As it has been explained previously about the ability of emotional intelligence in setting a mood, a study which was designed to determine the relation of emotional intelligence to anxiety conditions during OSCE examinations for medical students was conducted in the Faculty of Medical, Islamic University of North Sumatra in November 2017. From the background above problems that to find out the relationship between emotional intelligence and anxiety conditions in the face of OSCE in Faculty of Medical UISU students in November 2017.

Research Questions

Is there a relationship between intelligence and anxiety conditions in the face of OSCE in students of the Faculty of Medical, Islamic of North Sumatra in November 2017?

Purpose of the Study

In this study, emotional intelligence and anxiety conditions which occurred among the medical students of UISU during the OSCE tests in November 2017 is carried out to determine their relationships.

Research Methods

This study was carried out with cross-sectional design by performing analytical research type. The study was conducted at the UISU Medical Faculty in November 2017. The study population was UISU Medical School students who would face OSCE.

Inclusion Criteria: Faculty of Medical UISU students are registered as OSCE participants in November 2017, willing to be a respondent, sign the approval sheet as respondent. Exclusion Criteria: willing to be a respondent, but filling out a questionnaire is incomplete, refuse to be a respondent for any reason. The sample size was 70 respondents. The sample in this study was taken using the simple random sampling technique. Research Instrument use: Emotional Intelligence in this study used a questionnaire adopted from the Utami (2009) Test, the questionnaire used was a closed questionnaire that had been tested for validity, namely r count was greater than r table (r = 0.361) and reliability was obtained from the Spearman-Brown results of = 0.930. Thus the instrument is valid and reliable as a data collection tool. Anxiety in this study was measured using the T-MAS standard questionnaire. Questionnaire anxiety is not tested for validity and reliability because T-MAS are a standard scale to measure anxiety. Data analysis was performed by univariate data analysis and continued with biuvariate data analysis. The Univariate Analysis has the ability in both explaining and describing the characteristics every variable in a research (Notoatmodjo, 2012). During the Bivariate Analysis, the data was statistically analysed throughout Chi Square statistical test to measure the relationship parameter of emotional intelligence and anxiety level of the medical students.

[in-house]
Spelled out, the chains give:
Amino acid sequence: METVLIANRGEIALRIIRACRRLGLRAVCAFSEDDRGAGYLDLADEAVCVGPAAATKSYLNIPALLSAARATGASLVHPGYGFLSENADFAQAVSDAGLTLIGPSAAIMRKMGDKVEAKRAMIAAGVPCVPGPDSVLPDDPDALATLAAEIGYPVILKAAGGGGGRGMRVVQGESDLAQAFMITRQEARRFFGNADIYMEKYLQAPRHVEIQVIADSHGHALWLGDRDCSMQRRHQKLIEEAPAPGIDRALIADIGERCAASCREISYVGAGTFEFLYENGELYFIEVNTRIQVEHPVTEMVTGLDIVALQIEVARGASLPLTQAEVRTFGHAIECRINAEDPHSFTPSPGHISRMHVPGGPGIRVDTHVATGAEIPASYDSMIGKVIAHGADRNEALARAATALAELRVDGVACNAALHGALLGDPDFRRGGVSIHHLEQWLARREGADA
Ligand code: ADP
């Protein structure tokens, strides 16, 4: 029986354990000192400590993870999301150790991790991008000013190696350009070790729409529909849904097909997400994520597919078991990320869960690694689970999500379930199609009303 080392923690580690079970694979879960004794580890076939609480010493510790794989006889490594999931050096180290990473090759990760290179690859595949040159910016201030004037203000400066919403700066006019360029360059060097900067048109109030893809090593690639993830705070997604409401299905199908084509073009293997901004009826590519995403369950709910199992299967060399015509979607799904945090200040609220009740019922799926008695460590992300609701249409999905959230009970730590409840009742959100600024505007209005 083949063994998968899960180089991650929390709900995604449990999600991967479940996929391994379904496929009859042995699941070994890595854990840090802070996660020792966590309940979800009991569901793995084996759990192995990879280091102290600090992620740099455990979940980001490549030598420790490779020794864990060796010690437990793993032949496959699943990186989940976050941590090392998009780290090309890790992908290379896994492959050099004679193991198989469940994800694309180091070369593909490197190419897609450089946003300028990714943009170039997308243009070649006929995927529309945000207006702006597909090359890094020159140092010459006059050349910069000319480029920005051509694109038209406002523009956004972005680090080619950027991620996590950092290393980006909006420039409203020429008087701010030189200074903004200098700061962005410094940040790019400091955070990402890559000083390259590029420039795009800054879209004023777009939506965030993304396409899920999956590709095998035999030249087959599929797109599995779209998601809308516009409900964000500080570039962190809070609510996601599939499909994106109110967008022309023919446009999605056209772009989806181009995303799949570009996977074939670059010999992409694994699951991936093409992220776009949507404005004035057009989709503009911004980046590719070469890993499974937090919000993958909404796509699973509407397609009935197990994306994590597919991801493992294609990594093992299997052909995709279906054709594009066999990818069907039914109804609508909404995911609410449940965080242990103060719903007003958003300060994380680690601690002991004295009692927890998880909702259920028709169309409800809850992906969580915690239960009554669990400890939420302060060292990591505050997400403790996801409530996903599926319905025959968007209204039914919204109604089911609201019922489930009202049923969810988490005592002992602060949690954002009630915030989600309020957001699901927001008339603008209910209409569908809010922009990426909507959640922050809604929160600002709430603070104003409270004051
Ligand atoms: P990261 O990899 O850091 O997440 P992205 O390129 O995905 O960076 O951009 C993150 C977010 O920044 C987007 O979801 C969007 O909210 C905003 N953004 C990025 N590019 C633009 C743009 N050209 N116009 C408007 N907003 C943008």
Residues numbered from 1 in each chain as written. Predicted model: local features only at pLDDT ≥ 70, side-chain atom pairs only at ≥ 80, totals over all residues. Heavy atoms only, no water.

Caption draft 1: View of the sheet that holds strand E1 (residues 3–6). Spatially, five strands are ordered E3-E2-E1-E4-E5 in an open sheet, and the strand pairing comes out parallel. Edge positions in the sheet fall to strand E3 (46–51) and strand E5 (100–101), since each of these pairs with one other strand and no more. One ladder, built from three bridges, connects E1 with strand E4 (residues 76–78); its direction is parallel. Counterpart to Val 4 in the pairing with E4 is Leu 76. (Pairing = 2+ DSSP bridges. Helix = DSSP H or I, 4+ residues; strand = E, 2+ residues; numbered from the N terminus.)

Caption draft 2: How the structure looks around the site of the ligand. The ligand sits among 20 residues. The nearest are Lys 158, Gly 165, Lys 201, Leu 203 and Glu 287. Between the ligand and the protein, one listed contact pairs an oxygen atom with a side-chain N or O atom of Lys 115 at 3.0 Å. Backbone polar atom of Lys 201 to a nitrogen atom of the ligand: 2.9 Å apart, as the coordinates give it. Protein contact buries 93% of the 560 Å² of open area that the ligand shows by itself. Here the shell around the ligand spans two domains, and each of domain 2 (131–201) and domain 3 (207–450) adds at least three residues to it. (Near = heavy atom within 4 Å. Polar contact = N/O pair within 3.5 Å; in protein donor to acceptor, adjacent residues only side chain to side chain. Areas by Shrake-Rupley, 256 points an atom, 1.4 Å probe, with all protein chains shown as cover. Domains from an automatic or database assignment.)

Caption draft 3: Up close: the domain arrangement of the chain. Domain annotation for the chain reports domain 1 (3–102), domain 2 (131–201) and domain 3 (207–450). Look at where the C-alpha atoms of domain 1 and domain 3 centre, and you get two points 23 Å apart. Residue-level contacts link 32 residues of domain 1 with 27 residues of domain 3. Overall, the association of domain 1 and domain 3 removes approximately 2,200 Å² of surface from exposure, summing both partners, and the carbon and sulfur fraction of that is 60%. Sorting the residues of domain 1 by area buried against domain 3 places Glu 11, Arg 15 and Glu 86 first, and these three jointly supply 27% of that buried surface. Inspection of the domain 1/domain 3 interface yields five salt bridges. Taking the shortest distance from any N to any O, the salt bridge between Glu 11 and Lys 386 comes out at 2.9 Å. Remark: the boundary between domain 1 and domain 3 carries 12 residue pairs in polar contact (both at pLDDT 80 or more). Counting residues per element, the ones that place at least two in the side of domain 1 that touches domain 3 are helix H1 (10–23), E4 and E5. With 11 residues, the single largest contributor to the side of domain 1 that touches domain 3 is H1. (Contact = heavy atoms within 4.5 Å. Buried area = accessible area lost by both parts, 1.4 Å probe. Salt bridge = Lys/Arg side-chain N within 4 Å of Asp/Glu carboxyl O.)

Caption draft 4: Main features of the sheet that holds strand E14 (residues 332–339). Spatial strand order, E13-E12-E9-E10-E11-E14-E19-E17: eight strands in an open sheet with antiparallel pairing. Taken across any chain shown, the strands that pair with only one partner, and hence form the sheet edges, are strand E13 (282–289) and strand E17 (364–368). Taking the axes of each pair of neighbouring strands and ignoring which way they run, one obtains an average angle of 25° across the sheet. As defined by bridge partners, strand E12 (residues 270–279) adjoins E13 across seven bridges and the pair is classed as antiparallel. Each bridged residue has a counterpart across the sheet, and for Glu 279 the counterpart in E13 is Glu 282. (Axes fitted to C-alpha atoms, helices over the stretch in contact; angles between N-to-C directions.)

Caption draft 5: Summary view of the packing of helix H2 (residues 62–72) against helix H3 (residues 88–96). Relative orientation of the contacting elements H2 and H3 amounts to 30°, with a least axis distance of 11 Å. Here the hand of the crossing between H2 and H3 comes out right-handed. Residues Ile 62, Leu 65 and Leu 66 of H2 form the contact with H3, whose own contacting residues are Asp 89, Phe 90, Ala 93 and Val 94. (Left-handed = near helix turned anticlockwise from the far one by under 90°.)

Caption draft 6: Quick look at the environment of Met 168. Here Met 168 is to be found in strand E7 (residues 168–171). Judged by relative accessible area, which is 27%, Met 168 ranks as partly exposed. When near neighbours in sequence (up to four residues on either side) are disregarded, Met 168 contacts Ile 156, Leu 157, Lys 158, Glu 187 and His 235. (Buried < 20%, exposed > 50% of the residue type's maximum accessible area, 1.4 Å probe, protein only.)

Findings

Based on the Table 01 , the respondents who were measured to have low emotional intelligence were higher in numbers than those having high emotional intelligence. Respectively, their proportions were 48 people (68.6%) and 22 people (31.4%).

Table 1 -
See Full Size >

Based on the Table 02 above about the condition of anxiety for UISU medical students who participated in the OSCE in November 2017 with 70 respondents, it was found that more respondents experienced anxiety than those who did not, i.e. 39 respondents were anxious (55.7%) and non-anxious respondents were 31 people (44.3%).

Table 2 -
See Full Size >

The Bivariate analysis aims to measure a relation between two variables. As this study employs to determine the ability of emotional intelligence in persuading the anxiety conditions of medical students during OSCE examinations, the bivariate analysis was performed by using Chi-Square statistical tests.

Table 3 -
See Full Size >

From the results of the Chi Square test conducted, it was found that the value of p = 0.000 <0.05. Therefore, the results were rejected which imply to the presence of significant relationship between emotional intelligence and the condition of anxiety in samples.

Based on the results which are displayed in Table 3 , it was found that the majority of FK UISU students who participated in OSCE had low emotional intelligence as many as 48 people (68.6%) as shown in Table 03 . This is consistent with the data obtained by Goleman (2017), comparing the emotional state in the mid-1970s with the situation in the late 1980s. Based on the assessment, the situation worsened and settled. These conditions can lead to actions such as withdrawing from association or social problems, anxiety and depression, having problems in terms of attention or thinking so that they are unable to focus or sit quietly, daydreaming, acting without thinking, being too tense to concentrate, often getting bad grades, and unable to make the mind calm. Based on the data obtained, researchers argue that most students have low emotional intelligence because of the factor of birth where the respondents were born in the 1990s. Another factor is that the five basic features of emotional intelligence are not fulfilled in them. Most students who take the OSCE are lacking in emotional management skills. This was assessed from 10 statement points on the emotional intelligence questionnaire, namely point’s number 16, 17, 25, 33, 34, 35, 41, 43, 42, and 45.